Rick Hall, Founder of Muscle Shoals' FAME Recording Studio, Dies at 85

Rick Hall—the songwriter, producer, publisher, and studio head who was responsible for nurturing and capturing the Muscle Shoals sound—has died at the age of 85.

Hall’s FAME Studios matched the talents of Alabaman session players with soul music’s biggest vocalists to create timeless music, making the out-of-the-way Muscle Shoals a sought-after recording destination for artists across the world.

Among the enormous volume of hits FAME Studios produced—which included 75 gold and platinum records—were Aretha Franklin’s “I Never Loved a Man (The Way I Love You)," Etta James’s Tell Mama, and Wilson Pickett’s “Land of a Thousand Dances.”

As viewers of the 2013 documentary Muscle Shoals or readers of the 2015 memoir The Man from Muscle Shoals: My Journey from Shame to Fame will know, Hall’s early life was marked by hardship and tragedy. Born into a family of poor sharecroppers, he’d lose his brother to a horrific accident as a child. The tragedy would cause his mother to leave the family. Later, after getting married, his wife and father would both die within a two-week period.

It was after those losses that Hall decided to focus on music, leaving his factory job to play in a few bands and write songs.

As Hall recounts that time in the documentary: “I went through a stupor of three or four years, staying drunk, playing in bands. I just became a nobody, just a vagabond. After I came out of that stupor, I decided to go into the music business full time.”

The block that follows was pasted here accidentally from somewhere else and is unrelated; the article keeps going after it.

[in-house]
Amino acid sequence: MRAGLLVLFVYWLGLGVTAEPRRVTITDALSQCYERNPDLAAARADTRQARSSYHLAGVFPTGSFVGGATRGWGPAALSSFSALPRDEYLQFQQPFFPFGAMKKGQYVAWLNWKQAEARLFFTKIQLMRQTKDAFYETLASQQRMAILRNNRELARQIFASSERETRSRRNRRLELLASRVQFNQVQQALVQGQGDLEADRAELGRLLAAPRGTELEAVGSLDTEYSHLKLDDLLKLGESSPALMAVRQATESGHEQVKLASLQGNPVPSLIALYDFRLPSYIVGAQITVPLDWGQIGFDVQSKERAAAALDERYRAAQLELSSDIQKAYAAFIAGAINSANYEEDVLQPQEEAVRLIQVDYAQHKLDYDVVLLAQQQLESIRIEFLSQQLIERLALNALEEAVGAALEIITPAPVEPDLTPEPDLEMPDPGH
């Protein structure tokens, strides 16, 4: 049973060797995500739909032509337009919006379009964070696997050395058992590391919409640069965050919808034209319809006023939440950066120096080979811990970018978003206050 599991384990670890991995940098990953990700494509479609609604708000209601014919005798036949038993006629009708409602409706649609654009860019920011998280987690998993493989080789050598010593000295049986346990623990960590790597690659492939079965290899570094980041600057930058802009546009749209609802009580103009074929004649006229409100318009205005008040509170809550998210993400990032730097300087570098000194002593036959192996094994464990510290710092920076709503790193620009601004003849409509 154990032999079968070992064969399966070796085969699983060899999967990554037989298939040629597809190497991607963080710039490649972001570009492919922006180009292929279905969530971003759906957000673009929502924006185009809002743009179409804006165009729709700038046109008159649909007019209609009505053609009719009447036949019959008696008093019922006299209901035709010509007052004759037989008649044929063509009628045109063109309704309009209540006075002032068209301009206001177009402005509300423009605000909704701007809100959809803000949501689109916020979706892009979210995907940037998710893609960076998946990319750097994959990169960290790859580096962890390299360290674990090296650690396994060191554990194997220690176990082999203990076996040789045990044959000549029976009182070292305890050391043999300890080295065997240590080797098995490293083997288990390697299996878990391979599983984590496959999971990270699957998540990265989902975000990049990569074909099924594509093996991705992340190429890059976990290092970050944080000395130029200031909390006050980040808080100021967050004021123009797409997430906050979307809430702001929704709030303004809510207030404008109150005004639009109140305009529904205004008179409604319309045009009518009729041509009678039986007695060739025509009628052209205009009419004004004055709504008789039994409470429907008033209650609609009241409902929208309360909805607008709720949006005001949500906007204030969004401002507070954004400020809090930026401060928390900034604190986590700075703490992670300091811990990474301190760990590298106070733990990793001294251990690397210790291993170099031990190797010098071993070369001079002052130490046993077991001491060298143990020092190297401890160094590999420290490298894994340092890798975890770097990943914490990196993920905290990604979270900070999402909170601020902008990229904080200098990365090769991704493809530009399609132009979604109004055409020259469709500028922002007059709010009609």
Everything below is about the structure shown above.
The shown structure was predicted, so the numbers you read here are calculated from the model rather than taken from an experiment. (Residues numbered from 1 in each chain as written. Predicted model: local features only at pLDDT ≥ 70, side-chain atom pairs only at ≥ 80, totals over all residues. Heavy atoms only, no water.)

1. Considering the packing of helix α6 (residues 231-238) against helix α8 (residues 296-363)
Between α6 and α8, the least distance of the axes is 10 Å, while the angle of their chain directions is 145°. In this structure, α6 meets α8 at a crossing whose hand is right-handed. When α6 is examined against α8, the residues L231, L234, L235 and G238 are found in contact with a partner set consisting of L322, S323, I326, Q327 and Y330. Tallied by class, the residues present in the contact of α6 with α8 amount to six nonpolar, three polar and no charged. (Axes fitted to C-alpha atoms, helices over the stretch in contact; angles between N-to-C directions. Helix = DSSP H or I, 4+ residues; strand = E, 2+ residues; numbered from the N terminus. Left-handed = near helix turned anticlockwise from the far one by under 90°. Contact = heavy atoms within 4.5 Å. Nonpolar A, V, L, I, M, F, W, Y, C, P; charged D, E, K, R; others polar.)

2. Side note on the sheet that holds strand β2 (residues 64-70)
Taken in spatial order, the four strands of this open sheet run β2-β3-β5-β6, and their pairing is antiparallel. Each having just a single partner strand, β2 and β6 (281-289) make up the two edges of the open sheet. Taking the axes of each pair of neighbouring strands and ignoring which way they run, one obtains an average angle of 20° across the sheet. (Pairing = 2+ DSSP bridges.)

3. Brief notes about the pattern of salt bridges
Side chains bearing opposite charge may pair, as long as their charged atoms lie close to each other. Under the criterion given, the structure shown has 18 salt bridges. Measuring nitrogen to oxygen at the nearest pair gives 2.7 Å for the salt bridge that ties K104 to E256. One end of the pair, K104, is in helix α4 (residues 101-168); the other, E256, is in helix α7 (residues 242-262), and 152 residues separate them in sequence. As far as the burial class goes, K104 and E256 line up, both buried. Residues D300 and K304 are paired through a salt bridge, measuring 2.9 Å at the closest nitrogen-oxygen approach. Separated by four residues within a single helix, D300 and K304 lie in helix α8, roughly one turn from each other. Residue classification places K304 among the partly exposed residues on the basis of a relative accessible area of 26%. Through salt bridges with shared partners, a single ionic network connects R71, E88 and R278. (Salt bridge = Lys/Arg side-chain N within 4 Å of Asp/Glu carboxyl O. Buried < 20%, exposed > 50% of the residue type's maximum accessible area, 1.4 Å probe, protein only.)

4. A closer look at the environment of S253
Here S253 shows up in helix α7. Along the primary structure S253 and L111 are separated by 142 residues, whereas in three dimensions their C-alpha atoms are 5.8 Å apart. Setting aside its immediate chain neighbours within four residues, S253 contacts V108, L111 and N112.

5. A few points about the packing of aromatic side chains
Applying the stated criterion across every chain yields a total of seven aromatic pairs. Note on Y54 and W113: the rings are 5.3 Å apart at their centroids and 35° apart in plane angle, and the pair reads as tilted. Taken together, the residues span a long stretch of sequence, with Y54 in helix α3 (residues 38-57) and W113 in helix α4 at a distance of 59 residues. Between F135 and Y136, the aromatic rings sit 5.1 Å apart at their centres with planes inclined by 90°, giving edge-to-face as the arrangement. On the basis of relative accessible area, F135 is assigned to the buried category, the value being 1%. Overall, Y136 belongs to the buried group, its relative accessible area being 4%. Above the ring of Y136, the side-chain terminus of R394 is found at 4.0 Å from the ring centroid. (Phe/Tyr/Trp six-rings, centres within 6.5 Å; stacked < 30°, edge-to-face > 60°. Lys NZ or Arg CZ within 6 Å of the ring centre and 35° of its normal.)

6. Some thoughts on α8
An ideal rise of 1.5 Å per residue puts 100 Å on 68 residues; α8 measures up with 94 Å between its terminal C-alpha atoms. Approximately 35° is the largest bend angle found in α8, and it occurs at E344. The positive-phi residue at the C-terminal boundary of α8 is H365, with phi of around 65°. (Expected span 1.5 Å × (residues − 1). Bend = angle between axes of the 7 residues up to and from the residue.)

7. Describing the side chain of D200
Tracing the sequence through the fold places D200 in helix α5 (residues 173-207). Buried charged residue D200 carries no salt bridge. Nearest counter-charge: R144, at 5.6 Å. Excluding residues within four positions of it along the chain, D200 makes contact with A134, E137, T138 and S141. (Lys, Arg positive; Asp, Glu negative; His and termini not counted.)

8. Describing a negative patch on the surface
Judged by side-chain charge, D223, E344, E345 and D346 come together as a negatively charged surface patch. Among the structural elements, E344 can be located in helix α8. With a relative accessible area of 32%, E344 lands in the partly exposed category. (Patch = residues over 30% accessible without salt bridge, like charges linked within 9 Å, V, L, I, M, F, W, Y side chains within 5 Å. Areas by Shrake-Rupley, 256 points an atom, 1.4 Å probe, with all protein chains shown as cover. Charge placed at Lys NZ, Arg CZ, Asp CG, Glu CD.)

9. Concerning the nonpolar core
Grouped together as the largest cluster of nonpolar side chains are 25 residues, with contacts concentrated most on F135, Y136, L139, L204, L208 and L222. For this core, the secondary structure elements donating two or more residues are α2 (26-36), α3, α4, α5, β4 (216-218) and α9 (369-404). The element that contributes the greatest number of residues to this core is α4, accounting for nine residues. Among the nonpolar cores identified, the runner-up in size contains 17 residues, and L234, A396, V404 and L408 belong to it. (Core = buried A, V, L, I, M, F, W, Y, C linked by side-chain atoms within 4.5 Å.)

Hall had some success with his first forays into songwriting. Roy Orbison recorded his “Sweet and Innocent” in 1958 and George Jones released his “Achin, Breakin’ Heart” in 1961. But it was Hall’s cofounding of a music publishing company—Florence Alabama Music Enterprises—that would set a new course for his life and give FAME Studios its name. (Florence, along with Muscle Shoals, comprises a metropolitan area commonly referred to as “The Shoals.”)

The first hit to come out of FAME was Arthur Alexander’s “You Better Move On.” The studio and its regular session players, which included Spooner Oldham, David Briggs, and songwriter/producer Dan Penn, would make records with Otis Redding, Clarence Carter, Percy Sledge, and other black soul stars. Duane Allman was hired as a full-time session guitarist for a few months in 1968, in which Hall pushed back against Allman’s attempts to record elongated jams.

Throughout the ‘70s, FAME would continue to record Southern soul records, along with new ventures into country music, while many of the original session players would move across town to form Muscle Shoals Sound Studios. He continued to run FAME Studios and would run his publishing company to great success.

Hall, who came to be known as “The Father of Muscle Shoals Music,” was awarded a Grammy Trustees Award for his “significant contributions … to the field of recording.”


comments powered by Disqus